Fundamentals of Electrical Engineering @ TU Graz - A practical exercise designed for students in their first yearGraz University of Technology
- 06 – Information and Communication Technologies
- 07 – Engineering, manufacturing and construction
1. Student-centered course design
In the exercise course "Fundamentals of Electrical Engineering," the requirements on a first-semester course were systematically analyzed, and concepts were established in an iterative process. All stakeholders are always involved in generating the most constructive and broadest possible range of opinions in the course development. The current project thus represents an overall concept of a first-semester exercise course. The heterogeneity of the different educational backgrounds of the first-year students proved to be the most significant challenge. We meet this challenge through an intensive feedback culture and a broad range of teaching materials geared to the different requirements. Additionally, a focus is given to students with deficits in their previous education and the promotion of gifted students and those with previous education, relevant to the subject. In particular, an anonymous and well-moderated communication platform facilitates and encourages students to ask questions and offer constructive criticism. The course is taught via a peer-assisted learning scheme in small groups of 25 students. Out of the best students of the previous years, so-called study assistants are recruited, guiding one group through the whole course. This peer-teaching approach helps the students to overcome their inhibition to ask and encourage a fruitful discussion culture already at the beginning of their studies. Great importance is attached to the didactic training and the professional and personal development of the study assistants. Also, higher semester courses benefit from highly educated study assistants. In addition, heed is also paid to the introductory phase of studies and the formation of joint learning groups is supported. Three YouTube-playlists have been produced to help the students in their learning activities. One covers the theoretical background; the other ones give a systematic approach to solve exercises and simulations taught in the course. Over 30.000 views show the success of this initiative. Since the project started in 2017/18, the course's failure rate has been decreased from 50% to about 25%. Surveys proved that in 2020/21, 85% of the students feel well prepared for the following courses and understand the fundamental content of the curriculum. Both are outstanding numbers for a first-year course in a technical degree program. With the integrated feedback system and the ongoing recruiting process, the project's sustainability is ensured.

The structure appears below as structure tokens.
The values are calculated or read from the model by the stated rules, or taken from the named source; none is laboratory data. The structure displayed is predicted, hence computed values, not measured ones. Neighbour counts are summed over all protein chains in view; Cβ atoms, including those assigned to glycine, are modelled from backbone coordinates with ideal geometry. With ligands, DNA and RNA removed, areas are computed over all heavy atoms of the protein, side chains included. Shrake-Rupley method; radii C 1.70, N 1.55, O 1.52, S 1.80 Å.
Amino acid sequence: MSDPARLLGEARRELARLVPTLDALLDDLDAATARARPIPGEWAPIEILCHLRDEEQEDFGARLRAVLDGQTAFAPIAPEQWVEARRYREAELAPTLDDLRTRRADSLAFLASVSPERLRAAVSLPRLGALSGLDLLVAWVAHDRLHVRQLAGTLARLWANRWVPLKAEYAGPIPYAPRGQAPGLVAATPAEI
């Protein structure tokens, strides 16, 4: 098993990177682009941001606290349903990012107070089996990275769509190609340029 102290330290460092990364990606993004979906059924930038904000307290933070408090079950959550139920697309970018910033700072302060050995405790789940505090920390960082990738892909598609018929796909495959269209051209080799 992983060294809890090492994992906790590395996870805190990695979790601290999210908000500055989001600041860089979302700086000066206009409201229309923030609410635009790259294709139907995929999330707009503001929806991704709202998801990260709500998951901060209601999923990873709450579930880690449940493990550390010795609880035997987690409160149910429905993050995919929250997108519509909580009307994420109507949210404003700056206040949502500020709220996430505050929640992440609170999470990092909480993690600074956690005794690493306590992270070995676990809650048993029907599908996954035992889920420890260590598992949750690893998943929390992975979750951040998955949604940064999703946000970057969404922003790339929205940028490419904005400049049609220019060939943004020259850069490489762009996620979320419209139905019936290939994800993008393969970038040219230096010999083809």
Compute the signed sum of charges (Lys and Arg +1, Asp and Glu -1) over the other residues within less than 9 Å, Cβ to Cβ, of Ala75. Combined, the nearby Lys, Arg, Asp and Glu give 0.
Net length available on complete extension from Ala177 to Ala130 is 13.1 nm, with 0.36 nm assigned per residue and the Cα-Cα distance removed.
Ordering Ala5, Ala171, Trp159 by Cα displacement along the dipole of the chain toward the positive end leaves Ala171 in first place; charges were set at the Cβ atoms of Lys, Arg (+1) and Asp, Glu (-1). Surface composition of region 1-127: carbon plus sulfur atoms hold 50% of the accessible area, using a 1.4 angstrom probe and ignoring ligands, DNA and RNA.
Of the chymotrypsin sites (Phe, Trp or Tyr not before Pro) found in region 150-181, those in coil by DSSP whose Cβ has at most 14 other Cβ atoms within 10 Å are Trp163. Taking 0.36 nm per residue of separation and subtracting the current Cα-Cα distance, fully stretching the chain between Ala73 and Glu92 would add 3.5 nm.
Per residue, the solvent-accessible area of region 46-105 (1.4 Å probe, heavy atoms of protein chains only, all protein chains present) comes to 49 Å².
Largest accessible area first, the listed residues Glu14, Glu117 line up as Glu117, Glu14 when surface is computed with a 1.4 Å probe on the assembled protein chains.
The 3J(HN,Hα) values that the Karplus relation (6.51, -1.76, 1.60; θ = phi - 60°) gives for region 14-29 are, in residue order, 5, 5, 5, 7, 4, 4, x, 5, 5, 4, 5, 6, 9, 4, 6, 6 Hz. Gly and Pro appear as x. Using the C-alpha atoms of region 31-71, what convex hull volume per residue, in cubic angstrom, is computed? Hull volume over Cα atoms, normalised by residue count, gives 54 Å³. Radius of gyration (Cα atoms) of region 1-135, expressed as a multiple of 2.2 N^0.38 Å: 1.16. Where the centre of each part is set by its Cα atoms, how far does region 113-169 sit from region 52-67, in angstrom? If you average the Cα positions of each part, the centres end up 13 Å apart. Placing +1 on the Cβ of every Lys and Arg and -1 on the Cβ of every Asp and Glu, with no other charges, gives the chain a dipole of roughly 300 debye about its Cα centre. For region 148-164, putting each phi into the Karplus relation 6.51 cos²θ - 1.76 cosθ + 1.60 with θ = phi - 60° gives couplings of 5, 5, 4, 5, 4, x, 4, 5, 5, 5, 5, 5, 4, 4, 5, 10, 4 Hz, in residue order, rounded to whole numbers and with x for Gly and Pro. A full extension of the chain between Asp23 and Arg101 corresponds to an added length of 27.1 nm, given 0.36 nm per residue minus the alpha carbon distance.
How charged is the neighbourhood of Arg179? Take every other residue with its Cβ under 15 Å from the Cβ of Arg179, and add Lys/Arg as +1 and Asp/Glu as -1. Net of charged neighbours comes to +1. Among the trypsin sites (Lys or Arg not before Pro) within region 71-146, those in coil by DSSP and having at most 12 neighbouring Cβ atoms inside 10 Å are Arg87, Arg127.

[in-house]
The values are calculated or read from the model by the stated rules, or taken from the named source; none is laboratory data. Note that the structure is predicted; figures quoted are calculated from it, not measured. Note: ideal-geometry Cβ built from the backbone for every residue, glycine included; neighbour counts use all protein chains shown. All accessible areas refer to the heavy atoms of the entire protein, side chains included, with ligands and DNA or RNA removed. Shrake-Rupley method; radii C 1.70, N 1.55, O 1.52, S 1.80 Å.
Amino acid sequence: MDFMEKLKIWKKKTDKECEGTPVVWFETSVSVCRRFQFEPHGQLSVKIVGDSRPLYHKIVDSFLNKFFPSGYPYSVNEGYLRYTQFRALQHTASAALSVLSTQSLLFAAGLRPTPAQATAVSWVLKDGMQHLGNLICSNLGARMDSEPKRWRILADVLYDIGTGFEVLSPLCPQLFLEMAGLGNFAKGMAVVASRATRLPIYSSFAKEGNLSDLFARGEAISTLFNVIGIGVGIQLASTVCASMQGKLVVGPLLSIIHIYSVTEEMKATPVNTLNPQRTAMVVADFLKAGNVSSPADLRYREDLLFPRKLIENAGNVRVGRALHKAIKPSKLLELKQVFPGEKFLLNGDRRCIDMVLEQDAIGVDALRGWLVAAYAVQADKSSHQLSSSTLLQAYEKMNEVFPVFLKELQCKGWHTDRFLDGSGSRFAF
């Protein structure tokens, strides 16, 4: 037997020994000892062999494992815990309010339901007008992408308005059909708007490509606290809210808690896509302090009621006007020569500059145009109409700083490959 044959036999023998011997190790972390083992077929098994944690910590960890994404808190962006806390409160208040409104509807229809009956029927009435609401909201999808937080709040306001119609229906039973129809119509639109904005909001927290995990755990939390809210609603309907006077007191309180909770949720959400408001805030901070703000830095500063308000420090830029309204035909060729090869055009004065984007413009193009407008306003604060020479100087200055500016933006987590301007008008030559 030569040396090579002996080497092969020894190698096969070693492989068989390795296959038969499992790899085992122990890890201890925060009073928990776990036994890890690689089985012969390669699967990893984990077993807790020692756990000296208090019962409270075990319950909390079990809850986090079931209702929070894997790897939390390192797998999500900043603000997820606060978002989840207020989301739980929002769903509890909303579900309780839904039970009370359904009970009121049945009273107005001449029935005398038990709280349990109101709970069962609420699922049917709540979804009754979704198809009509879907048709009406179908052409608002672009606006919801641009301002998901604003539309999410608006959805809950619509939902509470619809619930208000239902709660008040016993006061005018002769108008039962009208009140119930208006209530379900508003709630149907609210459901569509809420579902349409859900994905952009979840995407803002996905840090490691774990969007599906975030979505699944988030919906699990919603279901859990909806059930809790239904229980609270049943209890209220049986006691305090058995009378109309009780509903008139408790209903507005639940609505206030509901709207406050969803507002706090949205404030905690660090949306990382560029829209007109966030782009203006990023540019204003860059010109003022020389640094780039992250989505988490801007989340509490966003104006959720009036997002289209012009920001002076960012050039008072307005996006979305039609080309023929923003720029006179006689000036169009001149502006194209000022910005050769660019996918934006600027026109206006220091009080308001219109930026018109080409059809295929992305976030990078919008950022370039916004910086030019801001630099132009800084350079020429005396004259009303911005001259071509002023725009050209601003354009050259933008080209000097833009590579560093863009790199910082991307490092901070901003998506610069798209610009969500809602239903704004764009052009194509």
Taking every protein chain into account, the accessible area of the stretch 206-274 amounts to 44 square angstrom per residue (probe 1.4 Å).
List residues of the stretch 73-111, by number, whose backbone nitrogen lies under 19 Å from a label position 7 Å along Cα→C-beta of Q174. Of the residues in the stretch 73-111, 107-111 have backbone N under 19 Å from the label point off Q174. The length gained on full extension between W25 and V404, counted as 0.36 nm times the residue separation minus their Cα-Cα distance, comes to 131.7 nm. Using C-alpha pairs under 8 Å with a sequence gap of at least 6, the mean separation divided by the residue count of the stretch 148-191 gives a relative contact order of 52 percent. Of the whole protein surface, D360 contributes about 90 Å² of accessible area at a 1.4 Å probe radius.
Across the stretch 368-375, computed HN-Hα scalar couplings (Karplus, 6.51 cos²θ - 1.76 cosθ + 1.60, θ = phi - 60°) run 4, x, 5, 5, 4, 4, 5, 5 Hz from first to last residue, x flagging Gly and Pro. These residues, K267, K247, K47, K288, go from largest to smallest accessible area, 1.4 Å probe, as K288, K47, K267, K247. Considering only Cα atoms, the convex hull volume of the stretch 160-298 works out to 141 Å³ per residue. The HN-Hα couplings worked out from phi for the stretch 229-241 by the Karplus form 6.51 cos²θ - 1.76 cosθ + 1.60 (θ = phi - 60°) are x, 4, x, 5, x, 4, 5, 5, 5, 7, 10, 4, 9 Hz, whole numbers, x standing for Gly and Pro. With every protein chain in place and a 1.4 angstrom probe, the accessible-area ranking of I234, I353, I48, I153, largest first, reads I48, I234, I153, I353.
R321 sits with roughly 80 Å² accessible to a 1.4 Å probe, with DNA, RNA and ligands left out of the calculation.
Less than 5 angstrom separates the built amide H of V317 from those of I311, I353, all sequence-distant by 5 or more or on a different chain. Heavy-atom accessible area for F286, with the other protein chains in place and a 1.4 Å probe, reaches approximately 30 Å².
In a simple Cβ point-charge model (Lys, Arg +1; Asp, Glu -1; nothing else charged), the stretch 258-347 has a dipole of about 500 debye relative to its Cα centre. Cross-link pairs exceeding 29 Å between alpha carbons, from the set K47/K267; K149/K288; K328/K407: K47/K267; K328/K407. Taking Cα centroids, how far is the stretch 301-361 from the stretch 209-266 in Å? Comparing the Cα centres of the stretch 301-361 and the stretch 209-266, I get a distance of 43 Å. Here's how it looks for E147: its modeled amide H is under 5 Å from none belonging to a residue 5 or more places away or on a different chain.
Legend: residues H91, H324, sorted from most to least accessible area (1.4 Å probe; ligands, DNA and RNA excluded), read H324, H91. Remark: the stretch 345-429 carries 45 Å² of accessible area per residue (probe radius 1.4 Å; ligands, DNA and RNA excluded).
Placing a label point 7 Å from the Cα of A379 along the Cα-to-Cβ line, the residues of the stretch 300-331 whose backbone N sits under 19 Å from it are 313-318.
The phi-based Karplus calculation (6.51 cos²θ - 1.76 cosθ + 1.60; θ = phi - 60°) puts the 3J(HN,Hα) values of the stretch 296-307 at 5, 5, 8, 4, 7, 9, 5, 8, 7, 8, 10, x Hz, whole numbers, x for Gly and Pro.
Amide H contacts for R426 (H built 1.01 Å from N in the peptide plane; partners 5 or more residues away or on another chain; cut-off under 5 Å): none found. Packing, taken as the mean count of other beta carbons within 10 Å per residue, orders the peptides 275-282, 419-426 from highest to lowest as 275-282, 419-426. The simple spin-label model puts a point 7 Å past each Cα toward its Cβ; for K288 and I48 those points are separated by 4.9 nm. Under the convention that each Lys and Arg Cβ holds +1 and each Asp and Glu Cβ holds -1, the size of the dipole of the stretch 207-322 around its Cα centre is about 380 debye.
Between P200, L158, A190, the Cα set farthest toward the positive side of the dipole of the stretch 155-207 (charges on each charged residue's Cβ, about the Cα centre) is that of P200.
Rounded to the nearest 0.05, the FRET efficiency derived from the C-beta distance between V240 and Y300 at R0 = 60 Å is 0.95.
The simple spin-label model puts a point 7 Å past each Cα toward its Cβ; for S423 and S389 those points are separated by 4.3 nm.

Tools, equipment, technology used
Outcomes and outputs, main results
Adaptability and sustainability of the best practice (for other institutions)
Promotion of best practice
Scope and impact
- Course/department level
- Faculty level
- Institutional level
- Cross-institutional level
- National level